• natural phenomena, such as seismic events, tornados, and flooding
  • dynamic effects, such as flying debris or drops from fuel handling equipment and drops of fuel storage and handling equipment
  • hazards to the storage site from nearby activities

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How do you know the fuel pools are safe? Does the NRC inspect these facilities, or just the reactor itself?

NRC inspectors are responsible for verifying that spent fuel pools and related operations are consistent with a plant’s license. For example, our staff inspects spent fuel pool operations during each refueling outage. We also performed specialized inspections to verify that new spent fuel cooling capabilities and operating practices were being implemented properly.

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What would happen to a spent fuel pool during an earthquake? How can I be sure the pool wouldn’t be damaged?

All spent fuel pools are designed to seismic standards consistent with other important safety-related structures on the site. The pool and its supporting systems are located within structures that protect against natural phenomena and flying debris. The pools’ thick walls and floors provide structural integrity and further protection of the fuel from natural phenomena and debris. In addition, the deep water above the stored fuel (typically more than 20 feet above the top of the spent fuel rods) would absorb the energy of debris that could fall into the pool. Finally, the racks that support the fuel are designed to keep the fuel in its designed configuration after a seismic event.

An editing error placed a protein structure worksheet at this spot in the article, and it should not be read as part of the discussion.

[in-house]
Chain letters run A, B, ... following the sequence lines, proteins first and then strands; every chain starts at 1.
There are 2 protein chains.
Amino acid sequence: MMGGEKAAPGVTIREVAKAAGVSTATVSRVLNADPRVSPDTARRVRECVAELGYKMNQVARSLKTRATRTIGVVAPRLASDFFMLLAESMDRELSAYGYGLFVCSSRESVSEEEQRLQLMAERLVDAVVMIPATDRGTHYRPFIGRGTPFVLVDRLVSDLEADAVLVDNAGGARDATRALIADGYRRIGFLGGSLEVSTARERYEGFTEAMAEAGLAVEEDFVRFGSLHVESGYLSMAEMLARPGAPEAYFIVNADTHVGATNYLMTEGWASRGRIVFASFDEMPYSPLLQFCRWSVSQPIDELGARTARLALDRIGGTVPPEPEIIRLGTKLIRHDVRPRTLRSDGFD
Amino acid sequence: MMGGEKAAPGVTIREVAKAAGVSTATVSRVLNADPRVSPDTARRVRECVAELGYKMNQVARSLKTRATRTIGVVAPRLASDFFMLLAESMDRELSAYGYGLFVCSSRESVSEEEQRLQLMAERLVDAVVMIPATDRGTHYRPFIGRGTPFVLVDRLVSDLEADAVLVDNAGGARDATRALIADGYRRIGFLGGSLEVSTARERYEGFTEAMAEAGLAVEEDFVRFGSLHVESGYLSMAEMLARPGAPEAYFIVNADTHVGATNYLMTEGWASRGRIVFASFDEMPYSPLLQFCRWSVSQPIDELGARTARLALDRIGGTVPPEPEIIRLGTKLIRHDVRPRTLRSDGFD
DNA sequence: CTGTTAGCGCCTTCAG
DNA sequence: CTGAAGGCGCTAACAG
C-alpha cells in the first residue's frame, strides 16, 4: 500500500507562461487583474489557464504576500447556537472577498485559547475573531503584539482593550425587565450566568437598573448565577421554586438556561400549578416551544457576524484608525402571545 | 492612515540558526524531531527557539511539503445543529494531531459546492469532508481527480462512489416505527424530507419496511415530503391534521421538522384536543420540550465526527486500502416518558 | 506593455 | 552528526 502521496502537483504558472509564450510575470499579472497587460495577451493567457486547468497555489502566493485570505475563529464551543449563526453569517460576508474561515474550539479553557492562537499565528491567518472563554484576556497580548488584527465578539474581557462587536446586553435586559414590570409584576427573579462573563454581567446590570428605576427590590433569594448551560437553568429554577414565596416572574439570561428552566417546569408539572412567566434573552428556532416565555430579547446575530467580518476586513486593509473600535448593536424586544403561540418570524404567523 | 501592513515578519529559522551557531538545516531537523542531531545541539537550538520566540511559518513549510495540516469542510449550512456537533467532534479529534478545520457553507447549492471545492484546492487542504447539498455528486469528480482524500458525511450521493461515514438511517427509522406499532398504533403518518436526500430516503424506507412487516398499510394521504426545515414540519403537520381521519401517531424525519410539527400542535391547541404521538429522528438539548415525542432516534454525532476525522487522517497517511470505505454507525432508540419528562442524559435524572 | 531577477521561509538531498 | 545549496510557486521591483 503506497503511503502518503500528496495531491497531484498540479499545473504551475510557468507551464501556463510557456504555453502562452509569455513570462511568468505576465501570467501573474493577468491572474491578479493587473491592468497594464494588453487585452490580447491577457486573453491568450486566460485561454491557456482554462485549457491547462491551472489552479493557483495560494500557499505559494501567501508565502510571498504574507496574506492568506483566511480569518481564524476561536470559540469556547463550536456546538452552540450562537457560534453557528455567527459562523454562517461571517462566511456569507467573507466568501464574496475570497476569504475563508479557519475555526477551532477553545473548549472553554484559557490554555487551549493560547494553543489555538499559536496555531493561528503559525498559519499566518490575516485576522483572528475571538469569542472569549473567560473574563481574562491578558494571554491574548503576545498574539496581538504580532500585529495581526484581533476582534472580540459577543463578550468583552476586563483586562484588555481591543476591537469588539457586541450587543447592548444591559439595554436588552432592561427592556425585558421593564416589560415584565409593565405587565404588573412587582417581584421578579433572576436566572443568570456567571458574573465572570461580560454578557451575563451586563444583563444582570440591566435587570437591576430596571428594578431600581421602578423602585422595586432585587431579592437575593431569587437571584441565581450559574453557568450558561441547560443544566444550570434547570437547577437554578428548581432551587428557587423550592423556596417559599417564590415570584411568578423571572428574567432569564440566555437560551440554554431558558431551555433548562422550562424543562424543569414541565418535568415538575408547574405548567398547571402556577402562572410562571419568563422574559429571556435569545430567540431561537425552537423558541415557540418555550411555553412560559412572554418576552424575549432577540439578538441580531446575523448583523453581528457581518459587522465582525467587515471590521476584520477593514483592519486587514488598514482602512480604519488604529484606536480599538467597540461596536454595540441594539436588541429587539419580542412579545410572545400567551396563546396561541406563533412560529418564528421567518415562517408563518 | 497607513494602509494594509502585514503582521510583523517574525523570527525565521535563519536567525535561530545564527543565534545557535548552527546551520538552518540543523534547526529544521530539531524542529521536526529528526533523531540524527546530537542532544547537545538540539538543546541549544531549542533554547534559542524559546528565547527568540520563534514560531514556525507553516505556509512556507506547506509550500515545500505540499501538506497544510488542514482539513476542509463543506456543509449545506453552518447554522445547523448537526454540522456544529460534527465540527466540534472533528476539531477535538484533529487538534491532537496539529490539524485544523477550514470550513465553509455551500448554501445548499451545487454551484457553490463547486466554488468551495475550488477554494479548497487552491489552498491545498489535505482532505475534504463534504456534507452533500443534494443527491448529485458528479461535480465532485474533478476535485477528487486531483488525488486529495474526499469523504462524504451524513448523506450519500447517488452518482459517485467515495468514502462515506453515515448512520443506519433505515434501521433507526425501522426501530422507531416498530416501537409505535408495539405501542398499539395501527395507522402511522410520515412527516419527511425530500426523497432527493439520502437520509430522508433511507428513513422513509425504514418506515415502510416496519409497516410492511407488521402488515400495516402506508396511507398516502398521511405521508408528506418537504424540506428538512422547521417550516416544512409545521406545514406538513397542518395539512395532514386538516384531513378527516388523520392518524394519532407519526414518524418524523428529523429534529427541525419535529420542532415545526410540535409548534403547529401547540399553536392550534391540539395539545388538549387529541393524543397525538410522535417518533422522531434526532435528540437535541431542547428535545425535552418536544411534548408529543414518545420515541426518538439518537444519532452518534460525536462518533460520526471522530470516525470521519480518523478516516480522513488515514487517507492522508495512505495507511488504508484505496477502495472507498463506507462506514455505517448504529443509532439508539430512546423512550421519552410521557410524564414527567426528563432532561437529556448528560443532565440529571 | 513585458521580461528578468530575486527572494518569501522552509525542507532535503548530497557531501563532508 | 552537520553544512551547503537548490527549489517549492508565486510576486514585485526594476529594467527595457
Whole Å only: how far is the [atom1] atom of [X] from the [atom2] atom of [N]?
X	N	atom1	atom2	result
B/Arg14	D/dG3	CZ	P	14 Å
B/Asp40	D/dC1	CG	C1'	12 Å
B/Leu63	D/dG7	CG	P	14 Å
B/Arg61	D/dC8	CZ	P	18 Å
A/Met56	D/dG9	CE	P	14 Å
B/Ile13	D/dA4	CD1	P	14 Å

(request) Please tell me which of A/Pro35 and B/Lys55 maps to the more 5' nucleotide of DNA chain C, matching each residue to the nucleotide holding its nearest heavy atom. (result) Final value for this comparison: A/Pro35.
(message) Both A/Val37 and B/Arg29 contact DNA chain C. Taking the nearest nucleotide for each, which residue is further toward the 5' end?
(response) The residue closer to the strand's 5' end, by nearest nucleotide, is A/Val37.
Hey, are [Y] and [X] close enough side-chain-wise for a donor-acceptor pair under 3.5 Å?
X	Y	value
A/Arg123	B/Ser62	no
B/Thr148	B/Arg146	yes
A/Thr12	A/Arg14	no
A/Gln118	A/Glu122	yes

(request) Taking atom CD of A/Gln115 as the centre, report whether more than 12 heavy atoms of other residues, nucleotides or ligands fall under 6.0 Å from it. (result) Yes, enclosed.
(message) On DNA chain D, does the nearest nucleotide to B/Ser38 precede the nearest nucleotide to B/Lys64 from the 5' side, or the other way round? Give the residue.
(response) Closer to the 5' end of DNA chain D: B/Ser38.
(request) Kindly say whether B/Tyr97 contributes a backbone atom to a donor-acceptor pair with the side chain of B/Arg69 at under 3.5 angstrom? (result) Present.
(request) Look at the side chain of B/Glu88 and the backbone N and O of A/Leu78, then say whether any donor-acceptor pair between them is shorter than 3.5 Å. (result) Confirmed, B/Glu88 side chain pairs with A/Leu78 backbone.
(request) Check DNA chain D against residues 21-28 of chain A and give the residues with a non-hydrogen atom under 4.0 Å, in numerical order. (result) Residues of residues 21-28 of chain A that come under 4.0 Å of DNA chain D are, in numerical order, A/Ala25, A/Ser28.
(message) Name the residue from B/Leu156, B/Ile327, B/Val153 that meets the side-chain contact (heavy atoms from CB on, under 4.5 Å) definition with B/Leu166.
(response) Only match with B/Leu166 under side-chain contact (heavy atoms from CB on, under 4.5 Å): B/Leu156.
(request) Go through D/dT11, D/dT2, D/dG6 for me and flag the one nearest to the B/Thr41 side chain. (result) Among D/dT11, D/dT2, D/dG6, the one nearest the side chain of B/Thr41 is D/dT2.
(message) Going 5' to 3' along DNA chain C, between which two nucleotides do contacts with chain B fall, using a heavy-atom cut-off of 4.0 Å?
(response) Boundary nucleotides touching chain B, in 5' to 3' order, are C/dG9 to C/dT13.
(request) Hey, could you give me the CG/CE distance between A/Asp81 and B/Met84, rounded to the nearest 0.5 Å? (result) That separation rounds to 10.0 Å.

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Can spent fuel pools leak?

Spent fuel pools lined with stainless steel are designed to protect against a substantial loss of the water that cools the fuel. Pipes typically enter the pool above the level of the stored fuel, so that the fuel would stay covered even if there were a problem with one of the pipes. The only exceptions are small leakage-detection lines and, at two pressurized water reactor (PWR) sites, robust fuel transfer tubes that enter the spent fuel pool directly. The liner normally prevents water from being lost through the leak detection lines, and isolation valves or plugs are available if the liner experiences a large leak or tear.

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How would you know about a leak in such a large pool of water?

The spent fuel pools associated with all but one operating reactor have liner leakage collection to allow detection of very small leaks. In addition, the spent fuel pool and fuel storage area have diverse instruments to alert operators to possible large losses of water, which could be indicated by low water level, high water temperature, or high radiation levels.